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In some parts of the country, we already see inconsistencies where the pandemic is concerned. In Mississippi, people were not allowed to meet even for a drive-in church service. But drive-through fast food and liquor stores are permitted.

Nobody could explain in a satisfactory way why one was allowed and not the other, neither could they show how being in one’s own car got in the way of “social distancing.”

True, the double standard toward churches is not going on everywhere.

In fact, it’s not going on in most places, but yes, it is going on. Some will choose to view such confusing incidents as a mere hiccup in the system, an aberration that will self-correct in due time. Others see it as a sign of things to come. Both opinions are legitimate at the moment. Our country has never gone through anything like this, an entire nation virtually shut down for a pandemic. No one knows how it will turn out. Many feel optimistic. Many others see a need for sobering caution, a yellow light at the very least. Time will tell. Hindsight is always 20/20. Until then, it is understandable that people will interpret the situation through they’re own personal filters.

Throughout history, Christians have responded differently in the face of adversity.  They always have and always will. We must extend each other some grace.

We don’t need uniformity to have unity. It is not “once size fits all” with God. He calls us to a variety of gifts and ministries. Some are involved with dynamic intercession and prayer; others are called to counsel with encouragement. Still others are called to be like Jeremiah the prophet, who sat on the city gate where people could hear a message of warning from him as they walked by.

AGREED: Will government officials easily give up hard-fought-for political power?

Some government officials enjoying their political power do not  give it up so easily. That is not true of all in political leadership. State by state, and city by city, we see variations. The variations can be acknowledged.

The constant moving of the goalpost in some states and counties before public life can be allowed to return to normal must also be acknowledged.

AGREED: One can accept that the coronavirus pandemic is real (not a hoax) but still conclude that certain politicians are exploiting the danger and exaggerating the danger.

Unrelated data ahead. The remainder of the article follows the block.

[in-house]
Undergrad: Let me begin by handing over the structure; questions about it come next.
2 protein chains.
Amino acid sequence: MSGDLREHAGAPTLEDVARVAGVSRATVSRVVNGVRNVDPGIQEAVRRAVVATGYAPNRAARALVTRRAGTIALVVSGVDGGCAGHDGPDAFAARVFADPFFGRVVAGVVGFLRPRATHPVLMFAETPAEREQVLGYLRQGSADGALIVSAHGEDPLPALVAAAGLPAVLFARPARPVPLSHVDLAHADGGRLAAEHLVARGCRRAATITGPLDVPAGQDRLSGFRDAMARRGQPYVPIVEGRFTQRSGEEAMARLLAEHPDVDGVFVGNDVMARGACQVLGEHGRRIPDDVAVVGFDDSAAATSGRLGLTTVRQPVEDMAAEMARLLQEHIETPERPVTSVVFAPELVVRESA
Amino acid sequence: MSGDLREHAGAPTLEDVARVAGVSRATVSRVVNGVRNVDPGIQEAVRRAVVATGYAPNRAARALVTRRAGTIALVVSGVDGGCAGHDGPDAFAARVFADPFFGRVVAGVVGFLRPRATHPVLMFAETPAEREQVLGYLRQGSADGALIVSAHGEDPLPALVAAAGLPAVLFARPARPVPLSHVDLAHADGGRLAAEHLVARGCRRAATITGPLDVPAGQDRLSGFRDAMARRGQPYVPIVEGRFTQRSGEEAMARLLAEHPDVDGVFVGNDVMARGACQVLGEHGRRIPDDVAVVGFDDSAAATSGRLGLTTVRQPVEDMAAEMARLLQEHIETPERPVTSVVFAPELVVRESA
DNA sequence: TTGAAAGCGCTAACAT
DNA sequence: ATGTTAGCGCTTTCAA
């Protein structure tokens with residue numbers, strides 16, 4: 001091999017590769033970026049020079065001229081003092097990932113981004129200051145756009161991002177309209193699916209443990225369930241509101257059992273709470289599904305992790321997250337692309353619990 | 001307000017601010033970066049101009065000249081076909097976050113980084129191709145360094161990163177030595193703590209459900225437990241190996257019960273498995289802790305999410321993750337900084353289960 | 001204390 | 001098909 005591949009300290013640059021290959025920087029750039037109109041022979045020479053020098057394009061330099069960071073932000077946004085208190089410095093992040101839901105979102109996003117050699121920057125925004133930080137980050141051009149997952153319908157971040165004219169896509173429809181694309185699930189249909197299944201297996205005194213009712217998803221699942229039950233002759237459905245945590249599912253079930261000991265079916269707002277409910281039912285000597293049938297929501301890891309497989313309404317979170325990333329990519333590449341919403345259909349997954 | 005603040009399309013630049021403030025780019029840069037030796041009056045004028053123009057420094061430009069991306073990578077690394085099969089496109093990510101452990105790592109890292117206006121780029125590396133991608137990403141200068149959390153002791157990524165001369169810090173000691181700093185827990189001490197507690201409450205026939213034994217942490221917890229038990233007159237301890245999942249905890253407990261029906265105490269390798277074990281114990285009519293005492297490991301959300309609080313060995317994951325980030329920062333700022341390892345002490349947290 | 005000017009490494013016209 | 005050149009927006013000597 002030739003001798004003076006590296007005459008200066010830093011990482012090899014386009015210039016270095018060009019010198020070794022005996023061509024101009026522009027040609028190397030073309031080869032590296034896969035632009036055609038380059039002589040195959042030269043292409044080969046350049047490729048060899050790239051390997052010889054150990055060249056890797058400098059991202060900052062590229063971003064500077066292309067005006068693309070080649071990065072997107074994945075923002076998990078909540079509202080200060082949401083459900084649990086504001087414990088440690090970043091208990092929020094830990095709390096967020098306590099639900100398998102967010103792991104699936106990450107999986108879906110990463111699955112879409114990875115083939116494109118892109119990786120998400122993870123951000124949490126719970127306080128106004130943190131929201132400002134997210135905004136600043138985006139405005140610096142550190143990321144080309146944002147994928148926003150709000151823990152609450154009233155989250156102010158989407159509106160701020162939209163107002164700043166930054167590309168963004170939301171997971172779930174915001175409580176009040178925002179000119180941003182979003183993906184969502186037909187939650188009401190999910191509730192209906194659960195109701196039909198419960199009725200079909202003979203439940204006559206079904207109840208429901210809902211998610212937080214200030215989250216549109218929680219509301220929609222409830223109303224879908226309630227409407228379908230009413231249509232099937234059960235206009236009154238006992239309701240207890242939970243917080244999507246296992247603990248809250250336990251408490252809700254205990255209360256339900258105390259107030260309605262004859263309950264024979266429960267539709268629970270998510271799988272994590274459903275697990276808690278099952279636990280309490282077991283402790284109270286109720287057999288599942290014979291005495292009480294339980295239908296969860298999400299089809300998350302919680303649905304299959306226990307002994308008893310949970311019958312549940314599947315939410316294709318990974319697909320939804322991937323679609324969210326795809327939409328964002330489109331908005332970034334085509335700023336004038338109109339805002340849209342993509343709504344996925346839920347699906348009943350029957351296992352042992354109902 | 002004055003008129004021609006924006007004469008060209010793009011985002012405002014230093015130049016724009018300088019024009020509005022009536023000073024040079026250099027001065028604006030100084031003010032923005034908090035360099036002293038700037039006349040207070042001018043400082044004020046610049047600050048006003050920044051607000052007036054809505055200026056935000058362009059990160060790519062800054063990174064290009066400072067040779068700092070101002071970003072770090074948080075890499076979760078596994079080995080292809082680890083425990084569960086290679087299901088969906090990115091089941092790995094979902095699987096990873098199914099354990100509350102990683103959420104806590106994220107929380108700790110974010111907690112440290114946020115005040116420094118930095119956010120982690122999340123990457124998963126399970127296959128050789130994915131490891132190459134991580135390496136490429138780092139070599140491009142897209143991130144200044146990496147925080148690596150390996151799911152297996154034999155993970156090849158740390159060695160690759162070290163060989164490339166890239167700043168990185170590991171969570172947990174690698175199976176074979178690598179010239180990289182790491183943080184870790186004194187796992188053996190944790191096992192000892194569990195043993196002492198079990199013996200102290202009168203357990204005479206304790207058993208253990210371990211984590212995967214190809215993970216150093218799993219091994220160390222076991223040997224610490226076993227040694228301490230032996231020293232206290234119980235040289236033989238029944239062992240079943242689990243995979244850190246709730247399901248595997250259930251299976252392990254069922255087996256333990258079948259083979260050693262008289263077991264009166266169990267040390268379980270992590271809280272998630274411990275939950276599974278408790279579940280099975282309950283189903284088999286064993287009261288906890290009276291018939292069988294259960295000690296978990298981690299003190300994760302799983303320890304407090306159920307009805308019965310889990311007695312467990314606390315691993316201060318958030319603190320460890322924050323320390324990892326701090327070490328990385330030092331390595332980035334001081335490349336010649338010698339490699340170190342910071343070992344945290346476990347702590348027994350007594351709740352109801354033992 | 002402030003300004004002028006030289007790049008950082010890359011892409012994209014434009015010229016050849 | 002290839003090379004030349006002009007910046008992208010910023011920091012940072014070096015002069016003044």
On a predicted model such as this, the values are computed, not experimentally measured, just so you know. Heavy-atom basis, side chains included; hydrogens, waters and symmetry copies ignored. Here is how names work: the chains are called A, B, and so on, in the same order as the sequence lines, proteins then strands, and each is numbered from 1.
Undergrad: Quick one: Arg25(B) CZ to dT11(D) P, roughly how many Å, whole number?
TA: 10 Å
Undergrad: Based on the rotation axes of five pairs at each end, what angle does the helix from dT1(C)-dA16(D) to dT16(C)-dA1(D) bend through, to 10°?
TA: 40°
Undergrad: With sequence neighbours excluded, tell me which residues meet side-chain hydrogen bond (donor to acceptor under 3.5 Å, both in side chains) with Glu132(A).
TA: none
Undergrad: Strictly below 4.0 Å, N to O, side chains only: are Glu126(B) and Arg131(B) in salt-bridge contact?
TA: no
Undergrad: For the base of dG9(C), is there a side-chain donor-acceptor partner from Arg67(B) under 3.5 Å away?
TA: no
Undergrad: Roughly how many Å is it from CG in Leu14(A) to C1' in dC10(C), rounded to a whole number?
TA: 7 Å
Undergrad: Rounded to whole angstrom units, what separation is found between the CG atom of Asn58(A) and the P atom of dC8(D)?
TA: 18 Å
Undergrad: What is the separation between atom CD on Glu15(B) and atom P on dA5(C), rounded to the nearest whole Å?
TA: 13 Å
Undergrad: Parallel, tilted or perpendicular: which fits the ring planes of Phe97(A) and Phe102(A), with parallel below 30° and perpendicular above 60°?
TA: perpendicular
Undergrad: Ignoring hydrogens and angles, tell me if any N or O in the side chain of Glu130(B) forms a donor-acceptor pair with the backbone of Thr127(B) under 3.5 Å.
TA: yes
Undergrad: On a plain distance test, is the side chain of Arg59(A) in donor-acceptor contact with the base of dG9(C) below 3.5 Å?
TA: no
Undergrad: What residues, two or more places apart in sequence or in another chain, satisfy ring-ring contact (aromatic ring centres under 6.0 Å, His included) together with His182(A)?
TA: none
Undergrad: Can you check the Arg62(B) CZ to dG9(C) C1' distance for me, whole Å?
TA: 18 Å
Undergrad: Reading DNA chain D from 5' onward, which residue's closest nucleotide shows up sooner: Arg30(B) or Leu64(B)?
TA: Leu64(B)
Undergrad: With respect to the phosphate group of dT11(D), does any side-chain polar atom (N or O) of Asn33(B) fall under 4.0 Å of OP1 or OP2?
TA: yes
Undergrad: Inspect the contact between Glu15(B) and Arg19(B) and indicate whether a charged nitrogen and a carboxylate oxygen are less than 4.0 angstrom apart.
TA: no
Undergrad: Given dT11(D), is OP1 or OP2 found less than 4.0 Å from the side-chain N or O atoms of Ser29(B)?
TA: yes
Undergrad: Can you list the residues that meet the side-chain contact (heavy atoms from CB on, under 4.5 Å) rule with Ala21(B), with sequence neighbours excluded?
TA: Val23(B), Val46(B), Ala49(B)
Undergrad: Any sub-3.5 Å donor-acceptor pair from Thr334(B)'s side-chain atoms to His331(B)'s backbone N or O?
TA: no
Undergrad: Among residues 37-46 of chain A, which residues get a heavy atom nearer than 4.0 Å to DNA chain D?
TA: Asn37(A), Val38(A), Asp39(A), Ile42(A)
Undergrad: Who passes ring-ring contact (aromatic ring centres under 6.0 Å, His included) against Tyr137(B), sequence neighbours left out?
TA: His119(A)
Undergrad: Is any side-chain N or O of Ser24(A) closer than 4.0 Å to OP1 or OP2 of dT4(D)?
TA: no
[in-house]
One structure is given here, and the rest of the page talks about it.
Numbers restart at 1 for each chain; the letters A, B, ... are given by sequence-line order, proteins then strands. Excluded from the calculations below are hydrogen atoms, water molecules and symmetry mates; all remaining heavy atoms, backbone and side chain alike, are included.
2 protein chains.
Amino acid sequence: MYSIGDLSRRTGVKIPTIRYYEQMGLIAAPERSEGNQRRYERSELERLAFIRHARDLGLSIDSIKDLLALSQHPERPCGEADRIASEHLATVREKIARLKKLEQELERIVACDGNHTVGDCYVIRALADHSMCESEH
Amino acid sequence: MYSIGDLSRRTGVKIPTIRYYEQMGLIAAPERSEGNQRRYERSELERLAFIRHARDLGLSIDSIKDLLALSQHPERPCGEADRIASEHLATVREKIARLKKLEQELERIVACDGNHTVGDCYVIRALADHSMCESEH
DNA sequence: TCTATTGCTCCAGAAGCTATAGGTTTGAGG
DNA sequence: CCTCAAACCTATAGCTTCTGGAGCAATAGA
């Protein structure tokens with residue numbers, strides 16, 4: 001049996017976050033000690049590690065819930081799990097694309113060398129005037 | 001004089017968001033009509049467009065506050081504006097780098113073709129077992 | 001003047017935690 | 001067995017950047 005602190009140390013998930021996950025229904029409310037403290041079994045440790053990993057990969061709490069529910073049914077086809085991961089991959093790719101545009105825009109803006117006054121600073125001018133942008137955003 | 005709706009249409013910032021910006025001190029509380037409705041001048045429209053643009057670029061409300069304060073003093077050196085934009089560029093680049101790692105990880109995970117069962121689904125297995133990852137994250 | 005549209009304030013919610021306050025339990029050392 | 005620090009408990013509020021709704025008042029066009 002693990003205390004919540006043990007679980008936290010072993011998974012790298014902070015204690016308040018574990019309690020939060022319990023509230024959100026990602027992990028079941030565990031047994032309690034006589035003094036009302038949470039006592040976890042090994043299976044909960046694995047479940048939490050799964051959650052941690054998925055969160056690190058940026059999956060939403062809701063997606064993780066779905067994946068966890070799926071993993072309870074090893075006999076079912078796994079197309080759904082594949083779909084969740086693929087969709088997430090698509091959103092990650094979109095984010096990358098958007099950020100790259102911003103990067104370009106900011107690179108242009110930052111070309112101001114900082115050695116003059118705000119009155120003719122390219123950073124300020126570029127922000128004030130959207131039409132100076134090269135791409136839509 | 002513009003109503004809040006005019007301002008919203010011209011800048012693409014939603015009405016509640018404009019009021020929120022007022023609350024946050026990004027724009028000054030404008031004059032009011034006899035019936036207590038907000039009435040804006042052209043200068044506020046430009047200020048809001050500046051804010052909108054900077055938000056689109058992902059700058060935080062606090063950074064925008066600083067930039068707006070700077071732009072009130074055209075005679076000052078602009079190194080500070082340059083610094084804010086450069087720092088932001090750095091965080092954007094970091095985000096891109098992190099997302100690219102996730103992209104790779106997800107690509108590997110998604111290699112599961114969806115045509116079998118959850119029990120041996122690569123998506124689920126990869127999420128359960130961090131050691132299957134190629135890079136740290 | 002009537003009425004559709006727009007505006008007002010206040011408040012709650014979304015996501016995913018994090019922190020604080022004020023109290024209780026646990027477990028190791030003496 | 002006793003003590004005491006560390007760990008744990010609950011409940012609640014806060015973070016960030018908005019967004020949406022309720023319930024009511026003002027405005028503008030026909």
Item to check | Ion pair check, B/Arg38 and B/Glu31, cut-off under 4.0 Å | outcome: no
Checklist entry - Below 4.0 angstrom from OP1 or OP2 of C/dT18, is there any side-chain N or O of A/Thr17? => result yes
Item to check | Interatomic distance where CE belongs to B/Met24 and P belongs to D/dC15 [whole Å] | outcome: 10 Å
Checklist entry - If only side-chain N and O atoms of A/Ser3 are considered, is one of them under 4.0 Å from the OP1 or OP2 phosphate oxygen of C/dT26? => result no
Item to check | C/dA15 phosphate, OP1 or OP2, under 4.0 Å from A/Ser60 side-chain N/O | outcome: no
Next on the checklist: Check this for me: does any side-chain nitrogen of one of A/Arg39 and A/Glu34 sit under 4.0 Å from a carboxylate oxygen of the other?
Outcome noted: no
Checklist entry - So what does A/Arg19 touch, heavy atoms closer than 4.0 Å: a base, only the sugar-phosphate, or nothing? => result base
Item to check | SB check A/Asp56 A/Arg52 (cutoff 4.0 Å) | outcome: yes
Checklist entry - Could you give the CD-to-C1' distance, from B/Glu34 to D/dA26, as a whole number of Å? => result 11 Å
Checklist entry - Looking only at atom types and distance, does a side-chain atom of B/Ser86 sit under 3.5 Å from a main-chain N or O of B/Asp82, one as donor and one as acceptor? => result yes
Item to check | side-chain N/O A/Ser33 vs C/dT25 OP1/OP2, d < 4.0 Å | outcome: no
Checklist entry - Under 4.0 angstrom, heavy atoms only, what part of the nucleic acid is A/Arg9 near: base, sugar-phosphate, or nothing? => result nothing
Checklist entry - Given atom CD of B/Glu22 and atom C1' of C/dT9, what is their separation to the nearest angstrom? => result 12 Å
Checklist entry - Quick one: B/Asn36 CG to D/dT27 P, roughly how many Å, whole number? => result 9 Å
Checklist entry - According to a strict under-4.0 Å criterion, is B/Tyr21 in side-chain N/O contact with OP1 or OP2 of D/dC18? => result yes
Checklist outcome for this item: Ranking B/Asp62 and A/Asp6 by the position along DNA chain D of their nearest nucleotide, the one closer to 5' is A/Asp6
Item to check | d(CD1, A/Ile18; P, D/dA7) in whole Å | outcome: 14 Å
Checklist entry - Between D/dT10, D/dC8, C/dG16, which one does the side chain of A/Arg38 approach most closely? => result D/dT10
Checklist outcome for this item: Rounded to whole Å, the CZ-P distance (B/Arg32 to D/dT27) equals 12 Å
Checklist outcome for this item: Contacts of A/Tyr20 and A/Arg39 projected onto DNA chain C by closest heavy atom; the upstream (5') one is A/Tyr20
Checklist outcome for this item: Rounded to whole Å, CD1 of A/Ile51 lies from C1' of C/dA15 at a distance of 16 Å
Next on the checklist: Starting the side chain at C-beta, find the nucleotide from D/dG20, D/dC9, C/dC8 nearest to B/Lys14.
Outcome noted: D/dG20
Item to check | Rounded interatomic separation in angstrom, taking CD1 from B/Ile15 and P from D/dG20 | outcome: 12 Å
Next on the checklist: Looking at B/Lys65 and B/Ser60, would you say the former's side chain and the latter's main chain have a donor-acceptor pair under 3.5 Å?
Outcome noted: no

AGREED: Doctors, as a general rule are a respected profession.

This does not mean that once a doctor speaks, the discussion is automatically over. The medical profession can be quite fluid. Doctors disagree with each other constantly and doctors all over the country are in disagreement over how to handle this coronavirus.

History has provided profiles of doctors with pure motives and doctors with ulterior motives. We have seen the gamut run from Dr. Stanley Livingston to Dr. Joseph Mengele.

In the current times, we can presume the sincerity of Trump’s medical team without being afraid to call out mistakes. They have admitted to many mistakes themselves anyway.

And so, while our responses as Christians may vary, let us at least agree on our assessment of the situation without questioning the motives of those who chose alternative responses.

This is Bob Siegel, making the obvious, obvious.

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Bob Siegel

Bob Siegel

A graduate of Denver Seminary and San Jose State University, Bob Siegel is a radio talk show host and popular guest speaker at churches and college campuses across the country, using a variety of media including, seminars, formal debates, outdoor open forums, and one man drama presentations. In addition to his own weekly radio show (KCBQ 1170, San Diego) Bob has been a guest on many other programs, including The 700 Club, Washington Times Radio's Inside the Story, The Rick Amato Show, KUSI Television's Good Morning San Diego, and the world popular Jonathan Parkradio drama series, for which Bob guest starred in two episodes and wrote one episode, The Clue From Ninevah. In addition to CDN, Bob is a regular contributor for San Diego Rostra. Bob does a good deal of playwriting as well (14 plays & 5 collaborations), including the award winning, Eternal Reach. Bob has also published books of both fiction and non-fiction including; I'd Like to Believe In Jesus, But...and a fantasy novel, The Dangerous Christmas Ornament.